Online dating fraud

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Online dating frauds in the UK cost victims a heart-breaking £27 million last year, according to the latest stats from the City of London Police's National Fraud Intelligence Bureau (NFIB) and Get Safe Online.

Over 2,700 online dating related crimes were reported to Action Fraud over 12 months with the average loss standing at £10,000. However, the actual number of crimes is thought to be considerably higher, with victims not reporting them owing to embarrassment.

Almost two thirds (62%) of all victims are aged between 40-69 accounting for £16 million of the total losses. People aged between 50-59 are the most likely victims accounting for a quarter of all frauds and losing just over £6 million.

Almost two thirds (64%) of all romance scams originated on dating sites, followed by social media (25%) and 10% via email. Only 2% of reported dating frauds originated via contact made on dating apps.
Exploiting people looking for love

City of London Police's Commander Chris Greany, the Police National Coordinator for Economic Crime said: "Romance fraudsters are using every method available to exploit people looking for love — including dating websites, social media and direct emails. These heartless criminals will specifically target those who they deem to be vulnerable and most likely to fall for their scams. Our intelligence tells us that people aged 50-59 are the most likely to become a victim of dating fraud and therefore need to be especially careful when going online in search of a partner.

"Key advice to follow which will help you stay safe includes:

  • Never send funds to someone you have never met.
  • If you're in two minds always consult with a trusted friend or family member who will be able to view the situation objectively and provide another opinion on the situation.

Tell-tale signs your online date may be a fraudster:

  • They want to communicate with you through instant messaging and texts, rather than through the dating website or chat room where you met.
  • They ask you lots of questions about yourself, but don't tell you much about themselves.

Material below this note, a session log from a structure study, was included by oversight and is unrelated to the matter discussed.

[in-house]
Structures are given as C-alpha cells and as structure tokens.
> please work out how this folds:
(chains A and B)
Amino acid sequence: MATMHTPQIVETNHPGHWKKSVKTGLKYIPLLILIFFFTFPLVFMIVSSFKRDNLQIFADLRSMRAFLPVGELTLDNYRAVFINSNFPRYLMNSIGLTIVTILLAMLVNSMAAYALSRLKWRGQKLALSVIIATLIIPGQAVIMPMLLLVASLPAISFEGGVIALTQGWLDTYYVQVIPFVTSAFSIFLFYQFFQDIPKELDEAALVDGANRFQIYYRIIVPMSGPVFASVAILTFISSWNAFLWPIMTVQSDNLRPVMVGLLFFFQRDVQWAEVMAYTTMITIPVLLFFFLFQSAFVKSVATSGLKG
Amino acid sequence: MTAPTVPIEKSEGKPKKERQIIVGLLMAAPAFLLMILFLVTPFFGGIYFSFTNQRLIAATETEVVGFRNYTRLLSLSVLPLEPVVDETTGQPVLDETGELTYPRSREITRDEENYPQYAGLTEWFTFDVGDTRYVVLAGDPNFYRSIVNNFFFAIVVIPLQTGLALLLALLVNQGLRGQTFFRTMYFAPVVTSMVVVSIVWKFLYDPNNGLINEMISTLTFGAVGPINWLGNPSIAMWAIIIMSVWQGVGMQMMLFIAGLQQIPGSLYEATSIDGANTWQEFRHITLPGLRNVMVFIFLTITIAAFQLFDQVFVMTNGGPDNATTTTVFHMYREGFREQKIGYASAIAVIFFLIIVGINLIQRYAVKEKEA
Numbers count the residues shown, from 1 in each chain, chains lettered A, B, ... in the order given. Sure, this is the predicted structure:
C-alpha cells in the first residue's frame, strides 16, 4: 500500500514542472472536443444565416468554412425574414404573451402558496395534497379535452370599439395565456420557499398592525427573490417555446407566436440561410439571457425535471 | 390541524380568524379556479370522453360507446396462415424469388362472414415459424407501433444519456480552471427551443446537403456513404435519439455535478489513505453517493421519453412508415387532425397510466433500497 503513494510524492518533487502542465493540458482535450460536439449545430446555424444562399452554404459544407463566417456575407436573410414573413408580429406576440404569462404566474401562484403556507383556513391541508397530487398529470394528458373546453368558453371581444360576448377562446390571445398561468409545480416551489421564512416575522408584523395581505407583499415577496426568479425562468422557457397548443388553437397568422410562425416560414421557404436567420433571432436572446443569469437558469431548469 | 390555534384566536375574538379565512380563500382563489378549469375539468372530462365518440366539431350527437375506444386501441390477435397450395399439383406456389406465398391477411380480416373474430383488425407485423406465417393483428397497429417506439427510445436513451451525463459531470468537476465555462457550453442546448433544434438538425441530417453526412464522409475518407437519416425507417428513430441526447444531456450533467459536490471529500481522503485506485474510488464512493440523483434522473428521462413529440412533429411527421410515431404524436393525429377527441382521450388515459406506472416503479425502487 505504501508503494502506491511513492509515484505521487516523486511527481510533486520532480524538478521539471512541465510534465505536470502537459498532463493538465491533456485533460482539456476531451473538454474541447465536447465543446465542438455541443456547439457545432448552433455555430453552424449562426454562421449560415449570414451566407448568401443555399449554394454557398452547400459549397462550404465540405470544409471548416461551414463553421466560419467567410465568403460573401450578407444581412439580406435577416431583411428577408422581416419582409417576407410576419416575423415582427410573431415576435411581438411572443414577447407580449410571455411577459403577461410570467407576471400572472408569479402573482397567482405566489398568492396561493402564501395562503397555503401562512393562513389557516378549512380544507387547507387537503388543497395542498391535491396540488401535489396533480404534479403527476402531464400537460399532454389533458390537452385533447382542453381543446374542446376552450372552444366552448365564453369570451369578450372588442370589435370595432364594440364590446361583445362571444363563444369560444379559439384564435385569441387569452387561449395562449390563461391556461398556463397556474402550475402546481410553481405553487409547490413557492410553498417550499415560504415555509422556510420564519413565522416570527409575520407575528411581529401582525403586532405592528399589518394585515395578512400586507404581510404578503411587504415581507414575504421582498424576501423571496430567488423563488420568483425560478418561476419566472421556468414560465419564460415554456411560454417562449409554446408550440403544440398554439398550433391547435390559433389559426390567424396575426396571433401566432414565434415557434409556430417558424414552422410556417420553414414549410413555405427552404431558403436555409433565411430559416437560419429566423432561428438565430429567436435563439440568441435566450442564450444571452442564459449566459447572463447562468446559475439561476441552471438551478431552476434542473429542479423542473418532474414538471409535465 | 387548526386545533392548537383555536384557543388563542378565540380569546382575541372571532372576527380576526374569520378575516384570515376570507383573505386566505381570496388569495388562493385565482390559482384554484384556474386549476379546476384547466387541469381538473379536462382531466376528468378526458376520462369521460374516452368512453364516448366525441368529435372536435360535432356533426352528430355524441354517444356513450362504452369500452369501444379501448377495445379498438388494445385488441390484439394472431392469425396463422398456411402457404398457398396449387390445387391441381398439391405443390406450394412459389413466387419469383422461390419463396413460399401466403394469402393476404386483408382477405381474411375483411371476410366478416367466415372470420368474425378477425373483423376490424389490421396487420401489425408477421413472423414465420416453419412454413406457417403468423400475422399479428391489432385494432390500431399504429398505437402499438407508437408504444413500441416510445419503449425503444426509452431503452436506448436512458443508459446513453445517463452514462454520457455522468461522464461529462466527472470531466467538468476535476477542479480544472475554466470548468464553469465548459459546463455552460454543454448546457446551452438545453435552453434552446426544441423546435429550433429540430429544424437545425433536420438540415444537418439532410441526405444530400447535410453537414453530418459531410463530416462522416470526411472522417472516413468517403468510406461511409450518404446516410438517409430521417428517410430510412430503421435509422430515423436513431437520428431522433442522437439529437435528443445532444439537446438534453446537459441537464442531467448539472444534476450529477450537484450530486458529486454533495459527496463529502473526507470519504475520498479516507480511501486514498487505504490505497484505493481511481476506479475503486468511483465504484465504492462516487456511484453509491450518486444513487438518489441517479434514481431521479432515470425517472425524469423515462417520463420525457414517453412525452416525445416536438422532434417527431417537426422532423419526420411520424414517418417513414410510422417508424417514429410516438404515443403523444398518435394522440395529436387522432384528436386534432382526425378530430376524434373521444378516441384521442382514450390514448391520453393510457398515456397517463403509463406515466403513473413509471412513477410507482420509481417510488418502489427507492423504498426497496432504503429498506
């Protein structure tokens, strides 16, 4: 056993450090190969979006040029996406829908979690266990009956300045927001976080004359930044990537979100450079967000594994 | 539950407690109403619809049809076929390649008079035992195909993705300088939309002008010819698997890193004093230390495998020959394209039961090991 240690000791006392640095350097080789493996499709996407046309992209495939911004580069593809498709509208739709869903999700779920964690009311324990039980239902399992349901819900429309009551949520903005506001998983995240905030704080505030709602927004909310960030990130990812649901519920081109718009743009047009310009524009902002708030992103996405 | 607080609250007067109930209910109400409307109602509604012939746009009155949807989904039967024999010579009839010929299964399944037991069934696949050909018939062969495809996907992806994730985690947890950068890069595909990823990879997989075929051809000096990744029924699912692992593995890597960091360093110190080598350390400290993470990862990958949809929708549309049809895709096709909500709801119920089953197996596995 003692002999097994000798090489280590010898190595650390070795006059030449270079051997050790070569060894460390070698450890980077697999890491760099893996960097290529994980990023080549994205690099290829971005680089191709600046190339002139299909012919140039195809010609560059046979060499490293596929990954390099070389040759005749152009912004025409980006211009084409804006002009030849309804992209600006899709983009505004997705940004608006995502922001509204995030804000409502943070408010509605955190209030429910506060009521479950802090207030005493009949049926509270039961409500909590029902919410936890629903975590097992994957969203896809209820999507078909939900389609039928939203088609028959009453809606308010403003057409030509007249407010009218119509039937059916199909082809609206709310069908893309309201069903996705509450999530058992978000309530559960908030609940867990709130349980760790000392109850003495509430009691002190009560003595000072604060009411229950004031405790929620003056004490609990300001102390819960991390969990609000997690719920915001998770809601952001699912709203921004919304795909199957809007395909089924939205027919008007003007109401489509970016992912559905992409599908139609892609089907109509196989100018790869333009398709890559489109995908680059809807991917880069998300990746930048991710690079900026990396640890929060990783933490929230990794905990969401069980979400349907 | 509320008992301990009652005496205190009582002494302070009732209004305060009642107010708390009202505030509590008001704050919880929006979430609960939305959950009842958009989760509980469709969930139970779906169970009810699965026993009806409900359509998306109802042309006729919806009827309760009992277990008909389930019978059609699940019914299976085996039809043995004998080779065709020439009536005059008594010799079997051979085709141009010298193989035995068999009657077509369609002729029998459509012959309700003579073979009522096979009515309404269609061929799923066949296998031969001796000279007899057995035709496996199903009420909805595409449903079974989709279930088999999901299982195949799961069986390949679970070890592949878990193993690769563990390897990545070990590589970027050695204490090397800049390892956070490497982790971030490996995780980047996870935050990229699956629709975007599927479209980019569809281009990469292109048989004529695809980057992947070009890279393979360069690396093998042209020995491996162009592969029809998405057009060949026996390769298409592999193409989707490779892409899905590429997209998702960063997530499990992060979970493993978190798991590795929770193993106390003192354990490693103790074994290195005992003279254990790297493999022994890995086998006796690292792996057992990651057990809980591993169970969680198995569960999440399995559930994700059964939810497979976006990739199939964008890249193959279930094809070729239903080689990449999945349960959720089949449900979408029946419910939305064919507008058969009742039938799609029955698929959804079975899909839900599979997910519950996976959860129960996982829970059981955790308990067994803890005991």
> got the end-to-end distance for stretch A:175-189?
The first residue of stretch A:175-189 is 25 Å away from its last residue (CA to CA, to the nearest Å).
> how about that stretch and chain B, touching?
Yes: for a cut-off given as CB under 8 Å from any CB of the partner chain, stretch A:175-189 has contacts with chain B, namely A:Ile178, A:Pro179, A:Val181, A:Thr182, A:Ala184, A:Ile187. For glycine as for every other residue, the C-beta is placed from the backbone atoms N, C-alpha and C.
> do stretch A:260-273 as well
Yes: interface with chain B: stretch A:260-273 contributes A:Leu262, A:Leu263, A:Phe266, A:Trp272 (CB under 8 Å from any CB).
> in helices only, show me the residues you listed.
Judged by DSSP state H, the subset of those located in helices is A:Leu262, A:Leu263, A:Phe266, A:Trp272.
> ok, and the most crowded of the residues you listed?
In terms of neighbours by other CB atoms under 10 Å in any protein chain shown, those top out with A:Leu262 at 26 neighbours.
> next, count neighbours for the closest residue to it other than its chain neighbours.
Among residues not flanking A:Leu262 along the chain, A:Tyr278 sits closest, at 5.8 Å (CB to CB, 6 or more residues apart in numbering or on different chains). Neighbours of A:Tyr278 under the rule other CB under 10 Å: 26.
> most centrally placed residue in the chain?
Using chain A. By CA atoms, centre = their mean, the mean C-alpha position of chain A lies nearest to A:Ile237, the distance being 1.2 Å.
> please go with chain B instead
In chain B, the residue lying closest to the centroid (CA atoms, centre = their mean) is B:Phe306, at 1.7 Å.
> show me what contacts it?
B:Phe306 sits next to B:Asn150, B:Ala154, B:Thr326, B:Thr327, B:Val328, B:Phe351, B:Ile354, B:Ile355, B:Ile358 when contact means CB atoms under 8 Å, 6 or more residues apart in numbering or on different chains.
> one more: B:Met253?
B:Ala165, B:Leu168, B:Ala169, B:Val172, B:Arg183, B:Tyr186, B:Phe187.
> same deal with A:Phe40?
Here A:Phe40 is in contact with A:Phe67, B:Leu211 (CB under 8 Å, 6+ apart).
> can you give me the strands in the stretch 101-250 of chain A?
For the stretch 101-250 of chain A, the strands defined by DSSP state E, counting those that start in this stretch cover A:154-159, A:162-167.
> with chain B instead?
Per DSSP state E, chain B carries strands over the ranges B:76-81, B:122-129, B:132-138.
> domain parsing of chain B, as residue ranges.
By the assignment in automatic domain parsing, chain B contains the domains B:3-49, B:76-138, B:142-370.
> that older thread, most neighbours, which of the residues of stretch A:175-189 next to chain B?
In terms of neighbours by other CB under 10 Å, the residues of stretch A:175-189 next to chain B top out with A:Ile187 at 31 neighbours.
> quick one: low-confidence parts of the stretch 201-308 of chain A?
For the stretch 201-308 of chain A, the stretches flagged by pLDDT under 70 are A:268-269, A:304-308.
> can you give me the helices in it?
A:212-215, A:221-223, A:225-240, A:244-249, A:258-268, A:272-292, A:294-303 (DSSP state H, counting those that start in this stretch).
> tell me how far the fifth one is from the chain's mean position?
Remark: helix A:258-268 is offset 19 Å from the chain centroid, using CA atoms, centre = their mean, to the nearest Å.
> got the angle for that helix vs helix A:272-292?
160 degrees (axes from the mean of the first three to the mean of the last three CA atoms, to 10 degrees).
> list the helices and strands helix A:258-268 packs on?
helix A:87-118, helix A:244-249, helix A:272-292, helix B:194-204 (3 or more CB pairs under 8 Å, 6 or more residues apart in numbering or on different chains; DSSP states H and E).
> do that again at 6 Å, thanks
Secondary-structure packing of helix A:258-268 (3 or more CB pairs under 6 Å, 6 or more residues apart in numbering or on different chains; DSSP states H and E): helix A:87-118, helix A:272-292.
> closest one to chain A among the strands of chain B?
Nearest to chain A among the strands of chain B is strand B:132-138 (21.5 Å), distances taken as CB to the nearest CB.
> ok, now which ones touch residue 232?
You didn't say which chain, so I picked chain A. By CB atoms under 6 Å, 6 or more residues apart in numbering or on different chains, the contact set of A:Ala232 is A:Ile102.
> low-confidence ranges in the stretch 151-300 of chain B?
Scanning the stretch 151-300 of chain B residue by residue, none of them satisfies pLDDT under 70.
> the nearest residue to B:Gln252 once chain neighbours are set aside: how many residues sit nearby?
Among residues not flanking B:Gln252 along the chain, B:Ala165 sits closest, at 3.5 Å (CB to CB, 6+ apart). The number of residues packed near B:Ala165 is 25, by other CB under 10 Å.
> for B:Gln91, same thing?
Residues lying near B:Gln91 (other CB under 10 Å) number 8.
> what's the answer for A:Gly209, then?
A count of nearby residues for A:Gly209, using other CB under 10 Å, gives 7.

• They don't answer basic questions about where they live and work.
  • Their profile picture is too perfect — for example they look like an actor or Miss World titleholder.
  • They start asking you to send them money using a number of different scenarios such as:
  • Claiming to be military personnel based overseas who require funds for flights home or early discharge from the forces
  • Citing medical related issues they need money for such as a sudden need for surgery, either for the fraudster or the fraudster's family member
  • They've arranged to visit you but need money to pay travel costs

Get Safe Online recommends the following tips to make sure you're safe online:

  • Trust your instincts — if you think something feels wrong, it probably is.
  • Choose a site that will protect your anonymity until you choose to reveal personal information and that will enforce its policies against inappropriate use
  • Do not post personal information, such as phone numbers, on dating sites.
  • Never send money or give credit card or online account details to anyone you don't know and trust.
  • Wait until you feel comfortable with an individual before telling them things like your phone number, place of work or address.
  • Be extremely wary about removing clothes or doing other things in front of your webcam that could be used against you — even if you think you know the other party.
  • Use a dating site that offers the ability to email prospective dates using a service that conceals both parties' true email addresses.
  • Set up a separate email account that does not use your real name.
  • Pick a user name that does not include any personal information. For example, "joe_glasgow" "jane_liverpool" would be bad choices.
  • Finally, meet for the first few times in a safe place with plenty of people around, and tell a family member or friend where you are